• Attending a 12-step meeting focusing on compulsive sexual behaviors, such as SLAA (Sex and Love Addicts Anonymous) or SAA (Sex Addicts Anonymous)

  • Working with a qualified therapist

Sexual anorexia and sexual addiction could be considered to be on opposite ends of the same spectrum. On one end of the spectrum, a person is sexually binging, while on the other end, a person is sexually restricting.

However, the two are actually very similar in some ways. Both conditions can lead the person to experience powerlessness over their behaviours, and the consequences for their behaviours, and both can impact every aspect of a person’s life.

Additionally, both conditions share the tendency for the person to have obsessive thoughts about sex. A person with sexual anorexia has obsessive thinking around the avoidance of sex and intimacy while a person with a sexual addiction has obsessive thoughts around obtaining sexual gratification.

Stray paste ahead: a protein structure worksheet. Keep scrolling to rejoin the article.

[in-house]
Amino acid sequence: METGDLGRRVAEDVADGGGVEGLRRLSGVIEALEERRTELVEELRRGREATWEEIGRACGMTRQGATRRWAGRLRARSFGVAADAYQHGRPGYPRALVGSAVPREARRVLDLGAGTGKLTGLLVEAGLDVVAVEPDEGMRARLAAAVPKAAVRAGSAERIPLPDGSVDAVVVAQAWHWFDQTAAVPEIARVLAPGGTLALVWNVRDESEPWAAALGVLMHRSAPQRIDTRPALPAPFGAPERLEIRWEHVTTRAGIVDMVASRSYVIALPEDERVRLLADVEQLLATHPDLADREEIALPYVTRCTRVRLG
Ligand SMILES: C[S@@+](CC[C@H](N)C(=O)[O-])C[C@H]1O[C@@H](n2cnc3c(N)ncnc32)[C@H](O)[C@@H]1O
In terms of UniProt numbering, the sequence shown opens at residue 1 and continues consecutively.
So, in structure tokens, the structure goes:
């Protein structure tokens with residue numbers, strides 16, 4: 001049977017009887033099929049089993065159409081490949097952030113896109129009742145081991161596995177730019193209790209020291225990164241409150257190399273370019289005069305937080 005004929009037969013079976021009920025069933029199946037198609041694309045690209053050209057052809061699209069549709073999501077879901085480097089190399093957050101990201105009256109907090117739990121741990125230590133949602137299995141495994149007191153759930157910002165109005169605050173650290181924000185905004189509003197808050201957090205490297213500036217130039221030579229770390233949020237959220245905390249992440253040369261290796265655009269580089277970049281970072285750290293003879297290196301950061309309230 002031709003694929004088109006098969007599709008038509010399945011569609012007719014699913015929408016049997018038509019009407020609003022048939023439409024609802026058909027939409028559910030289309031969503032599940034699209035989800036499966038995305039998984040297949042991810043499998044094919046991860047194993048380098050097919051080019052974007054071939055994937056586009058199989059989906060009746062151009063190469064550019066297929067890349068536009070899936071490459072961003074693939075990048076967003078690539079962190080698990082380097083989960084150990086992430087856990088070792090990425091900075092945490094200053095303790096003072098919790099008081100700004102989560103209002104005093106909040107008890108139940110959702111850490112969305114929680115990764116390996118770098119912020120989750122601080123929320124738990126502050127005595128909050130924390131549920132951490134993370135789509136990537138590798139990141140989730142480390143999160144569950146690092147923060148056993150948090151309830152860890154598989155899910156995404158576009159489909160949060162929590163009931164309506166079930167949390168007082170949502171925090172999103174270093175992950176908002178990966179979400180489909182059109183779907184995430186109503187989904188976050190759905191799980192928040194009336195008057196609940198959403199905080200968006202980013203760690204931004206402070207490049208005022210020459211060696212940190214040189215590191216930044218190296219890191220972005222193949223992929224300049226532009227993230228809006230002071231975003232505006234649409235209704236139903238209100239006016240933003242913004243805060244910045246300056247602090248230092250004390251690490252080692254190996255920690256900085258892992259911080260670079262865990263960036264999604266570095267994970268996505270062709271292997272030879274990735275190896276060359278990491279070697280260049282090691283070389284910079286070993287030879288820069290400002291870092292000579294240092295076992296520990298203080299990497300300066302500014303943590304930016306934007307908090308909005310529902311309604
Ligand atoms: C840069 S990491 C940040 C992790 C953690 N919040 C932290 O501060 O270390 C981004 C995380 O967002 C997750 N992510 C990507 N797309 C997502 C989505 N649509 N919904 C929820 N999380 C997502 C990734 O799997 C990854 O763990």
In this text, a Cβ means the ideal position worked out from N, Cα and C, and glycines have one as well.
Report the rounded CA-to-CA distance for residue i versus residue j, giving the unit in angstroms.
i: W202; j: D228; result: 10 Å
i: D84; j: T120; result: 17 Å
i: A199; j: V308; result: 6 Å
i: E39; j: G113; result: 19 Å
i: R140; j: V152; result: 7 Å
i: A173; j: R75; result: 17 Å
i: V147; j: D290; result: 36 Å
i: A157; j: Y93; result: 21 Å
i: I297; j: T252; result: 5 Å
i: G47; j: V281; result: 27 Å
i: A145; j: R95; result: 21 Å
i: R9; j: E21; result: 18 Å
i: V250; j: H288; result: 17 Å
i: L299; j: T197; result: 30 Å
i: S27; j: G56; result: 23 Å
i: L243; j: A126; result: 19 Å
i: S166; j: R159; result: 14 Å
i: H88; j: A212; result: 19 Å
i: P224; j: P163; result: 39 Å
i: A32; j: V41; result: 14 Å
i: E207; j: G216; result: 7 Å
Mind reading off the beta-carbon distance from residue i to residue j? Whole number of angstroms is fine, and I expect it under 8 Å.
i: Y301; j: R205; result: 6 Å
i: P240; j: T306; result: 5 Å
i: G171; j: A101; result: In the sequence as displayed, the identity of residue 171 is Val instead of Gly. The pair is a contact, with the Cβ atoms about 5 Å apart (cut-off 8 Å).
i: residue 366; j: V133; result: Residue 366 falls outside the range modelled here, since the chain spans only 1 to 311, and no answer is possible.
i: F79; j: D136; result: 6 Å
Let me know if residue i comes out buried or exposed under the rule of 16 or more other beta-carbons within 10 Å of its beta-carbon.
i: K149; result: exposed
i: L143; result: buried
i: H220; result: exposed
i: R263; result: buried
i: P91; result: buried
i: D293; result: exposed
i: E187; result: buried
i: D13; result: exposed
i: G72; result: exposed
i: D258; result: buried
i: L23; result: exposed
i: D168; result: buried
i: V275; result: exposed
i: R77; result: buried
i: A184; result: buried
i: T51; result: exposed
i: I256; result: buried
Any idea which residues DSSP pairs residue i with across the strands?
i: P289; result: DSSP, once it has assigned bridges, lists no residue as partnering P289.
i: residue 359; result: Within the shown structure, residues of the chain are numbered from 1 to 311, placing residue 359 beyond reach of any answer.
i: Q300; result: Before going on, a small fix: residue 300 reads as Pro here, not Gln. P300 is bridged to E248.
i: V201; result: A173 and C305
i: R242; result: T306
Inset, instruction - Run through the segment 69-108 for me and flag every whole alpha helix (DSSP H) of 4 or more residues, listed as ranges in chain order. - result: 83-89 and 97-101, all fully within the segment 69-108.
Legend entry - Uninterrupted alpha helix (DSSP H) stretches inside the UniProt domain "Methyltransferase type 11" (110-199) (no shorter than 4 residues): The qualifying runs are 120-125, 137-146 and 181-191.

Serial Monogamy

Dr Krista Jordan describes serial monogamy as a pattern of moving from one committed partnership to another. The person has difficulty tolerating being single and wants relationships to move quickly into a deeper partnership.

How to Know If You’re Dating a Serial Monogamist

  1. Serial monogamists are always in a relationship

  2. Being single can be uncomfortable for them, and they may be hesitant to discuss their exes

  3. They don’t often have long periods of time being single, and may not always have time to get over a previous relationship before starting a new long-term relationship